Charge the Line

Part 2: The Art of Leadership - Flight

By Josh Fowler

Other conditions being equal, if one force is hurled against another ten times its size, the result will be the flight of the former.

In Sun Tzu’s first calamity, the army is outnumbered 10 to 1 by the enemy. In the fire service, not all departments can afford the safety and luxury of NFPA-compliant staffing and must make the response work with what they have. Similarly, private organizations may be understaffed in other areas presenting challenges for day-to-day operations.

As the incident commander/leader, you must first recognize the situation and honestly answer the question, “Do I have the staffing and resources to safely mitigate this incident or handle this challenge?” There is no room for ego, here. If the plan doesn’t work, you need another plan.

In the fire service, if the answer is no or unknown, call for additional units and alarms. Call early; call often.

As leadership within your organization, how can you best position yourself and your company to overcome the obstacles in your way. This may require collaboration with other organizations and some preparation.

Next is the personnel’s muscle memory when it comes to their respective skill sets. If they are confident and sharp in their craft, you will never have to worry about hesitation let alone flight. This doesn’t simply happen on the day of the event. This is something that is prepared for well ahead of time. Our business is never if, our business is when.

However, there is more to flight than just being outnumbered or, in our circumstance, understaffed. Defined, flight is the act of fleeing or attempting escape. Now this calamity is not something that is often seen in the fire service; however, it does happen, and it is held in utter contempt.

Outside of the fire service, flight could simply be avoiding a problem or issue that is toxic to your organization. This could be people, products, processes or a combination of all three.

Many times, over, the odds are against us. However, we press on, striving to accomplish the mission at hand. While cowardice does unfortunately happen on the fireground and in daily operations, that is not the direction I am going.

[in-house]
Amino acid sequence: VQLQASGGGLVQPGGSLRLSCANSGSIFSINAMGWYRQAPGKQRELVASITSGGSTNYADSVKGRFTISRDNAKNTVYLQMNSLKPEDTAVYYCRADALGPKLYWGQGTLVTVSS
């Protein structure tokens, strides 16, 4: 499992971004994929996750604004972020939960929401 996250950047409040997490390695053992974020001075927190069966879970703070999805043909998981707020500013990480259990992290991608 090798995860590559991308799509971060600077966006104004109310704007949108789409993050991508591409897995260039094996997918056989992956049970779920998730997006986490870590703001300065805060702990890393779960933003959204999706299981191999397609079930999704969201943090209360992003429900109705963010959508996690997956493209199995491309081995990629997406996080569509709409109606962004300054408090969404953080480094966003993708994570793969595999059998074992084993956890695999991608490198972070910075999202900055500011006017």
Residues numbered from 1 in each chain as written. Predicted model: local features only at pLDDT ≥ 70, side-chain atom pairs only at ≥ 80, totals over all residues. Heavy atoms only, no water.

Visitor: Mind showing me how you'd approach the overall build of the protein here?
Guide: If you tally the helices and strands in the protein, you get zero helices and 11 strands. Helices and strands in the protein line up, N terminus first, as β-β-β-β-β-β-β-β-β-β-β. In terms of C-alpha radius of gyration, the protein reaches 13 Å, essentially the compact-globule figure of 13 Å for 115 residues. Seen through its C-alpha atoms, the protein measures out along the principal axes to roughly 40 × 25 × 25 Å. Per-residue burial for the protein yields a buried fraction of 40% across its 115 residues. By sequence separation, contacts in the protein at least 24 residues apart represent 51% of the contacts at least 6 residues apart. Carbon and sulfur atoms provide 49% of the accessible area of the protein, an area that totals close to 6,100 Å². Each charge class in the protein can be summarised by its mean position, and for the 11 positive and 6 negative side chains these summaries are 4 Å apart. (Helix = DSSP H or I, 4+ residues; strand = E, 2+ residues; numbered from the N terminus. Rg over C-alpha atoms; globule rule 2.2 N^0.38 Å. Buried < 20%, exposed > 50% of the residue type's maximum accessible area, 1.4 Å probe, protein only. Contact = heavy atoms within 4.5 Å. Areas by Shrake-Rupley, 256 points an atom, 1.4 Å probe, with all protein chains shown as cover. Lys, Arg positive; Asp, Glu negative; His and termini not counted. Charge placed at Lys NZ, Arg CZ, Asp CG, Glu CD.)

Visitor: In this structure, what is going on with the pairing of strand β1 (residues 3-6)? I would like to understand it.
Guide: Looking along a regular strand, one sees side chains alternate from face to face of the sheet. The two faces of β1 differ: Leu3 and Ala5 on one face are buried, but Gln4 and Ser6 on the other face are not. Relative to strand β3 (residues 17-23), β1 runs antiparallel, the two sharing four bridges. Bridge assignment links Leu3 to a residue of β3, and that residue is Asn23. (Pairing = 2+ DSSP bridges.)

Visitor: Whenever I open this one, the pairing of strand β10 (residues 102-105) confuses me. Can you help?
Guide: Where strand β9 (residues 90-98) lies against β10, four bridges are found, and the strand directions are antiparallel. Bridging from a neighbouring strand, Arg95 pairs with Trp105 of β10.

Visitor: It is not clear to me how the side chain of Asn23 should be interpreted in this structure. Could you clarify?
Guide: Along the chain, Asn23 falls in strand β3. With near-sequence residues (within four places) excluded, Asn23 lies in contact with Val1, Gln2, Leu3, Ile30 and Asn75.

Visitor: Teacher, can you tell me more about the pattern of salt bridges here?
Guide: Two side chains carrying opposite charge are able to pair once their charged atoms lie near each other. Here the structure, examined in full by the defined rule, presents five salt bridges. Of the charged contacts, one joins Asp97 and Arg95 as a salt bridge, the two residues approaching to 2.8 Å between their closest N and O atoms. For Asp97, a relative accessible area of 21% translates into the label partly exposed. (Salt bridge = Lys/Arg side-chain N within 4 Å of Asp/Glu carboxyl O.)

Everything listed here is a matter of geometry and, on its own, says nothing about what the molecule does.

Consider the posture that is assumed as a firefighter when arriving to a fully involved fire in a building that is known or thought to be abandoned. Do we make an aggressive attack on a structure that may or may not be tenable, or do we assume a defensive posture from the street?

In private organizations, what is your response to issues or problems that aren’t really issues or problems? Is this something that warrants my immediate attention?

Now, being in a position where my decisions as a chief can be the difference between personnel going home to their families or making their final alarm, I’m not as quick with my decision making when it comes to size-up and I am fully aware of those that I lead disagreeing when my decision is to go defensive (stay out of the structure). As firefighters, we know fires in vacant and abandoned structures with no utilities simply don’t start themselves aside from acts of nature. However, does the risk outweigh the benefit? The oath, after all, was life and property.

Perhaps your immediate decisions for your organization may not be life and death, however they will have an impact as well as a ripple effect.

What is needed to avoid the pitfalls of the decision-making process is a robust operational risk management policy that will assist commanding officers and organizational leaders, alike by increasing their effectiveness in identifying, assessing, and managing risk. Having a standardized process increases not only the fire department’s ability to make informed decisions, but private companies and organizations as well.

As a fire department, if you currently have a standard operating procedure (SOP) on risk management that states something along the lines of, “We will risk a lot to save a lot… We will risk a little to save a little… We will risk nothing to save that which is lost….” and this is what you consider to be your risk management plan, then it’s time for an update.

As a private company, do you have a risk management policy and plan that correlates with your organization’s particular business?

Consider the word “plan.” As a noun, a plan is a method of acting, doing, proceeding, making, etc. As a verb (particularly an action verb), a plan is to arrange a method or scheme beforehand. If your risk management plan is the above, then there is no plan. There is no methodology. Your risk management “plan” simply rests on the decision-making skills of the officer in charge or leader within your organization which equates to: You have no “plan.”

If the above defines your current system, what you have in place is random and individual dependent. Officers and leaders are expected to use common sense, which can be left up to individual interpretation. Decisions become uniformed and reactive. However, if you as a department or organization adopt a systematic approach, decisions become methodical, informed, and proactive. Operational risk management is nothing new. There are many resources to help you create a system that best works for you and your organization.

The next installment will look at the second calamity, Insubordination.